However, demand for home loans eased slightly in February, declining 0.4 per cent to $28.6 billion, after striking a record high the previous month.
But while the value of new loan commitments for owner occupier housing fell 1.8 per cent in February 2021, it remained 55.2 per cent higher than in February 2020, Australian Bureau of Statistics figures show.
First home buyer loans for owner occupiers decreased 3.3 per cent, but were still 65.8 per cent higher than a year earlier.
"This is still a very hot property market," financial comparison site Canstar's Steve Mickenbecker said.
"Real estate stock is racing off the shelves and estate agents are on the streets soliciting new listings with the enticement of prices home owners have never dreamed of."
The CoreLogic national home value index recorded a 2.8 per cent rise in March, the fastest rate of appreciation since October 1988 and with strong growth conditions across the country.
Sydney prices have now grown 6.7 per cent in the past three months.
"The last time Sydney housing values recorded a quarterly trend this strong was in June-July 2015," CoreLogic research director Tim Lawless said.
"Following this brief surge, the pace of growth rapidly slowed as limits on investor lending kicked in to slow the market."
Financial regulators are keeping a close watch on the latest housing market developments.
The two biggest markets, Sydney and Melbourne, have made a "remarkable recovery", Mr Lawless said.
Sydney dwelling values are now 2.6 per cent higher than their July 2017 peak, having dropped 14.9 per cent to May 2019 and the further 2.8 per cent during the COVID-19 downturn.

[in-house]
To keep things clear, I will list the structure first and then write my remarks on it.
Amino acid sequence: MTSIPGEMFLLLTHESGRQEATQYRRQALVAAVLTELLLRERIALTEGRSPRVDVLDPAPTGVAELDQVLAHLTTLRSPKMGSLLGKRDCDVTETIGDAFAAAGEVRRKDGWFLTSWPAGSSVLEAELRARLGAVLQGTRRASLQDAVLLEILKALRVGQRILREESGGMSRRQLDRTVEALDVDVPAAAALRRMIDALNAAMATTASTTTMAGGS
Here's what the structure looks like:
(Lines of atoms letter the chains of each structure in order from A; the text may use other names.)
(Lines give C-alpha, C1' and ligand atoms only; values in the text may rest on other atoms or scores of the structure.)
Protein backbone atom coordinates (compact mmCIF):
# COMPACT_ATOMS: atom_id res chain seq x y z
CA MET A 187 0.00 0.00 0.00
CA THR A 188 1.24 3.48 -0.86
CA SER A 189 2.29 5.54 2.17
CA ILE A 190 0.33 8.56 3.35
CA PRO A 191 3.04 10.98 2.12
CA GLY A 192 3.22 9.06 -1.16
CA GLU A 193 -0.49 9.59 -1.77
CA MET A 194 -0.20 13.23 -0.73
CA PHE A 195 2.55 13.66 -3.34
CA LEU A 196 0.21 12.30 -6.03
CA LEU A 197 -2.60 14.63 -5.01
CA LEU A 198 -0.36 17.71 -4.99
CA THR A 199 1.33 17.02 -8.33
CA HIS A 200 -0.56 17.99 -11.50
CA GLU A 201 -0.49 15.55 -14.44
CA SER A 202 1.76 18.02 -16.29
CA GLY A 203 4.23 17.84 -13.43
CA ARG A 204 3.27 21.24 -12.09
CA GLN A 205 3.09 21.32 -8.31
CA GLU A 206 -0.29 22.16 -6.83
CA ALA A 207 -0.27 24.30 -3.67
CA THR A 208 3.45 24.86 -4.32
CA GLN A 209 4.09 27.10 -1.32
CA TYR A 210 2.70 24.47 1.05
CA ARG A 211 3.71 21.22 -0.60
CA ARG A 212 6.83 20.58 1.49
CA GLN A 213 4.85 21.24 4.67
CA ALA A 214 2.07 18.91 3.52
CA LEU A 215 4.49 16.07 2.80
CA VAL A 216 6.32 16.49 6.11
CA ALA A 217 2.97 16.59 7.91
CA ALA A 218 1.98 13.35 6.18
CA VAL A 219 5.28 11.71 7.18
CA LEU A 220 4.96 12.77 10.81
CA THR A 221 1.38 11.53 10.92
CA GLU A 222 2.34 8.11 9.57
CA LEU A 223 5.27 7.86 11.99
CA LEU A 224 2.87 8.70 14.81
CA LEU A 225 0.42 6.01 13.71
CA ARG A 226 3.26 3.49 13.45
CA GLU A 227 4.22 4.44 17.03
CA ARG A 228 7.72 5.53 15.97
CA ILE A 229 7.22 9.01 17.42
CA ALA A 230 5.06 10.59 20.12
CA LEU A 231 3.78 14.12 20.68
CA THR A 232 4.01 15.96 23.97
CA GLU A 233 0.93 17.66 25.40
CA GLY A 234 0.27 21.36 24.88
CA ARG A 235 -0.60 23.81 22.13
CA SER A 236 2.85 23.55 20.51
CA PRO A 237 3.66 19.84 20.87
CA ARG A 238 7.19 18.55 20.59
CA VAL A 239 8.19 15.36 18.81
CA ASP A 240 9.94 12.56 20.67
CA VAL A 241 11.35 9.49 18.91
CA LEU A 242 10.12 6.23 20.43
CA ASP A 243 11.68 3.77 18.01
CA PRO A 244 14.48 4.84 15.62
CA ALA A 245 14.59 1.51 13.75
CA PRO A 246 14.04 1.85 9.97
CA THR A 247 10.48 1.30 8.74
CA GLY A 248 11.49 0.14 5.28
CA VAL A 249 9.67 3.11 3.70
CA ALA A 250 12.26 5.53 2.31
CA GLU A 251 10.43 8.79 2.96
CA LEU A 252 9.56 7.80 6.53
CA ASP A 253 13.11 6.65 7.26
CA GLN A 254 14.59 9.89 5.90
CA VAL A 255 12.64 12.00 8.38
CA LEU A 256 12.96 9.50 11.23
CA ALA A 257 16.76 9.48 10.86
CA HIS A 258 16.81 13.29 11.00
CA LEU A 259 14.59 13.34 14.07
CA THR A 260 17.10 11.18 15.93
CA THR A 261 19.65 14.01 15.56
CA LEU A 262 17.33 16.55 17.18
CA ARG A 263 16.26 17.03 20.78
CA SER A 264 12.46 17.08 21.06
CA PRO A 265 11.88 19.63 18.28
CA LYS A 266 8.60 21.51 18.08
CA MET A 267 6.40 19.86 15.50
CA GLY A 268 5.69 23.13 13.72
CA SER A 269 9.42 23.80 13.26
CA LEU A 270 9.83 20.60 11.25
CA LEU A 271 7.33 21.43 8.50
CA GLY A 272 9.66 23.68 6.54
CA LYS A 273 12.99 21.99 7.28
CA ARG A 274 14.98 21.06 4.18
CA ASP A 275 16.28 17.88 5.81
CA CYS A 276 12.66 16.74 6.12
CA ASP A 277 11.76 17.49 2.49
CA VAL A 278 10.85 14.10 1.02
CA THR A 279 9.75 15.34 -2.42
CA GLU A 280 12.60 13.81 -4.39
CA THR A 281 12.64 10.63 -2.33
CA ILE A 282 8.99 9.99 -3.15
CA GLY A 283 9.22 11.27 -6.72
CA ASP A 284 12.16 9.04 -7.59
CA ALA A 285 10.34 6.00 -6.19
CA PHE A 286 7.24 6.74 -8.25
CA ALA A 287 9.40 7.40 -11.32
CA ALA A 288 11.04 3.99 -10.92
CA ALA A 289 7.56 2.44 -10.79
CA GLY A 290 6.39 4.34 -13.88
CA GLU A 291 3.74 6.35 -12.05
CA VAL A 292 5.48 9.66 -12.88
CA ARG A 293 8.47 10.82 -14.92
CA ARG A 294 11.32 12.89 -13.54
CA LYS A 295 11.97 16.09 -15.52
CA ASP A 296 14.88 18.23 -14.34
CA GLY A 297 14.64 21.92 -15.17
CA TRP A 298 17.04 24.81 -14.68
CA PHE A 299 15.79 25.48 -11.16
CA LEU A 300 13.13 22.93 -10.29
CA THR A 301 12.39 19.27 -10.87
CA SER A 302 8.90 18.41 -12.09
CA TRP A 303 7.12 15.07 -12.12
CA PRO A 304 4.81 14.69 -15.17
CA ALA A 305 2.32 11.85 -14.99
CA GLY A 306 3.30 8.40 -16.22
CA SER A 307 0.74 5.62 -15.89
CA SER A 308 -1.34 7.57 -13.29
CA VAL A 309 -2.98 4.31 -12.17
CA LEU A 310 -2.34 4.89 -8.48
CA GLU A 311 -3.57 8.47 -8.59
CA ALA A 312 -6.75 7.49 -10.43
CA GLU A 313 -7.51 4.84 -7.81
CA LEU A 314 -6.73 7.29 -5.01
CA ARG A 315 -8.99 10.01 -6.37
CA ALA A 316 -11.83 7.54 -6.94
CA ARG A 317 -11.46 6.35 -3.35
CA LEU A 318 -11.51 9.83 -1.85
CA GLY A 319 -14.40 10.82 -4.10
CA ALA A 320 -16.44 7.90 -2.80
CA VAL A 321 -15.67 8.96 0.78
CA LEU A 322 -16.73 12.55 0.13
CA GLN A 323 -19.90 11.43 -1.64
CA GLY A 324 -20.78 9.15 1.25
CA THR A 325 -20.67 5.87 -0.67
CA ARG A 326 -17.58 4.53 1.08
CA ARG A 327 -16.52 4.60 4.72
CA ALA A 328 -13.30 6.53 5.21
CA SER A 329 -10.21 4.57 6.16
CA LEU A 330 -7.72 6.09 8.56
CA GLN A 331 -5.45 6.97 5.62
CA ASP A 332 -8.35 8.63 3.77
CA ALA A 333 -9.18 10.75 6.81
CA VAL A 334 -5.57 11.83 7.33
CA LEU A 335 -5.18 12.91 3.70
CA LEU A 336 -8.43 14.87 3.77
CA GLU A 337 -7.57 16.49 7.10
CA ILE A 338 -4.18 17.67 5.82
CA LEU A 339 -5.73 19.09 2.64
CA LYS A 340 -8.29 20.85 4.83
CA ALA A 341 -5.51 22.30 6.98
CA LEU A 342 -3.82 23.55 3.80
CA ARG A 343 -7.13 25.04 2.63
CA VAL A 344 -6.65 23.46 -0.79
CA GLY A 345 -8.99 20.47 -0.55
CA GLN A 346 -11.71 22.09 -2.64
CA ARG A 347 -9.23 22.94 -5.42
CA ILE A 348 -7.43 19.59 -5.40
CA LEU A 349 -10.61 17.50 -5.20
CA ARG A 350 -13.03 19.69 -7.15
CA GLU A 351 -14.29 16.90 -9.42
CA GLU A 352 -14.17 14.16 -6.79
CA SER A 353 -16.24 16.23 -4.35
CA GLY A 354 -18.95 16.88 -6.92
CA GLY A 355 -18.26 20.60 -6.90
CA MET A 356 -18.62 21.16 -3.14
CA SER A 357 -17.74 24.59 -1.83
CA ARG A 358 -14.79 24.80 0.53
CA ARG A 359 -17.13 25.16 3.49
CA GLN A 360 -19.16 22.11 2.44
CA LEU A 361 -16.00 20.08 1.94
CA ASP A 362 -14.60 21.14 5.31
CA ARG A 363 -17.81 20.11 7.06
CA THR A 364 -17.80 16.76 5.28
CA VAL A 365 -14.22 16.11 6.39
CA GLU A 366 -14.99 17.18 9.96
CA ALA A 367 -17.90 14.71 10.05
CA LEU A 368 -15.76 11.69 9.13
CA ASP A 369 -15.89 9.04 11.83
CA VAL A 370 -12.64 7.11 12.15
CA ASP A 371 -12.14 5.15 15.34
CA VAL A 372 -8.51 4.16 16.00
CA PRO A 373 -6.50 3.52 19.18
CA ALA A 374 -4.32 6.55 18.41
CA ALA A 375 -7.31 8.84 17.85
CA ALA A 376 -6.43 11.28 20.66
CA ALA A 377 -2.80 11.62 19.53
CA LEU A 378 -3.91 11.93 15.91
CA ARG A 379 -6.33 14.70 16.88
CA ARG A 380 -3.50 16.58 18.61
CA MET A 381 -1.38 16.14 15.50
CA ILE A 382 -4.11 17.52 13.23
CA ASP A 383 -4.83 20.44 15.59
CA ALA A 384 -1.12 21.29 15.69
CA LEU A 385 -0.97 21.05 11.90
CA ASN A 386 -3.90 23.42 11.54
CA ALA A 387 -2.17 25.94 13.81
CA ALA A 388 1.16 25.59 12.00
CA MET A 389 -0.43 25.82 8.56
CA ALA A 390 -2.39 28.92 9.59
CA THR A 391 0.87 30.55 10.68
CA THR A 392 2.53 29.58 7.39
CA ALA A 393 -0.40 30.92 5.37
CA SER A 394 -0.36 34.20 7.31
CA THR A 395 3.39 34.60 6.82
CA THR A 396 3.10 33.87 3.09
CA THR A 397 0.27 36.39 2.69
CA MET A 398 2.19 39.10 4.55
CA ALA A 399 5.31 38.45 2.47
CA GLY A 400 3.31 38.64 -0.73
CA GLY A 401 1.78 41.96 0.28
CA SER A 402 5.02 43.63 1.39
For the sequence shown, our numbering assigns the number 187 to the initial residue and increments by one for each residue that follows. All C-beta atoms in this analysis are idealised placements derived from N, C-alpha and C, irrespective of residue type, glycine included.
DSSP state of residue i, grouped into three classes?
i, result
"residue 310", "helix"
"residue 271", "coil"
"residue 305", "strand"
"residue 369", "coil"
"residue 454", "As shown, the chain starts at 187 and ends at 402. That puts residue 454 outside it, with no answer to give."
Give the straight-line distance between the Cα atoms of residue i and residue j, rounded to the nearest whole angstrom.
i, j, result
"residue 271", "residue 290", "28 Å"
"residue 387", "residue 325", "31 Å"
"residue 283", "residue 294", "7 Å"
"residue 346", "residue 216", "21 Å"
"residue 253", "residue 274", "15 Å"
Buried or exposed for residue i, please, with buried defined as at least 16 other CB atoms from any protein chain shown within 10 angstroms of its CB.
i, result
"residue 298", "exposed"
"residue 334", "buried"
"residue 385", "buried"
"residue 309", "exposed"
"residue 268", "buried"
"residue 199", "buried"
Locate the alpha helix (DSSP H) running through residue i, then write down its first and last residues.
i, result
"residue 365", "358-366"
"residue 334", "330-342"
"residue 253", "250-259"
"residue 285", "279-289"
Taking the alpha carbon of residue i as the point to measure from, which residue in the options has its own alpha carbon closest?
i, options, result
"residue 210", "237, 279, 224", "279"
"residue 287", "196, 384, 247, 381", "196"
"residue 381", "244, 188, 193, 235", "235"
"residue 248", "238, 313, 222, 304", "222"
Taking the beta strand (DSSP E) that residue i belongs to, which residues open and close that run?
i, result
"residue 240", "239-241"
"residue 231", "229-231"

Similarly, Melbourne housing values have recovered from the 11.1 per cent fall between 2017 and 2019, and the 5.6 per cent drop in values through the worst of the virus-related downturn, to set a new record high in March.
For the first time in a year, growth in capital city housing values outpaced the regional markets.
CoreLogic's combined capital cities index recorded a 2.8 per cent lift in March compared with the 2.5 per cent gain seen across the combined regionals index.
However, this renewed strength in house prices, buoyed by record low interest rates, is raising concerns over housing affordability.
Everybody's Home - a national campaign to end homelessness - warned spiralling prices would hit both aspiring buyers and renters, and said an expansion of social and affordable housing was badly needed.
"More social housing would better balance the housing market, creating more options for those who can't participate in the boom," national spokeswoman Kate Colvin said.
"Higher house prices fuelled by cheap money will lead to increased costs in the rental market, worsening affordability."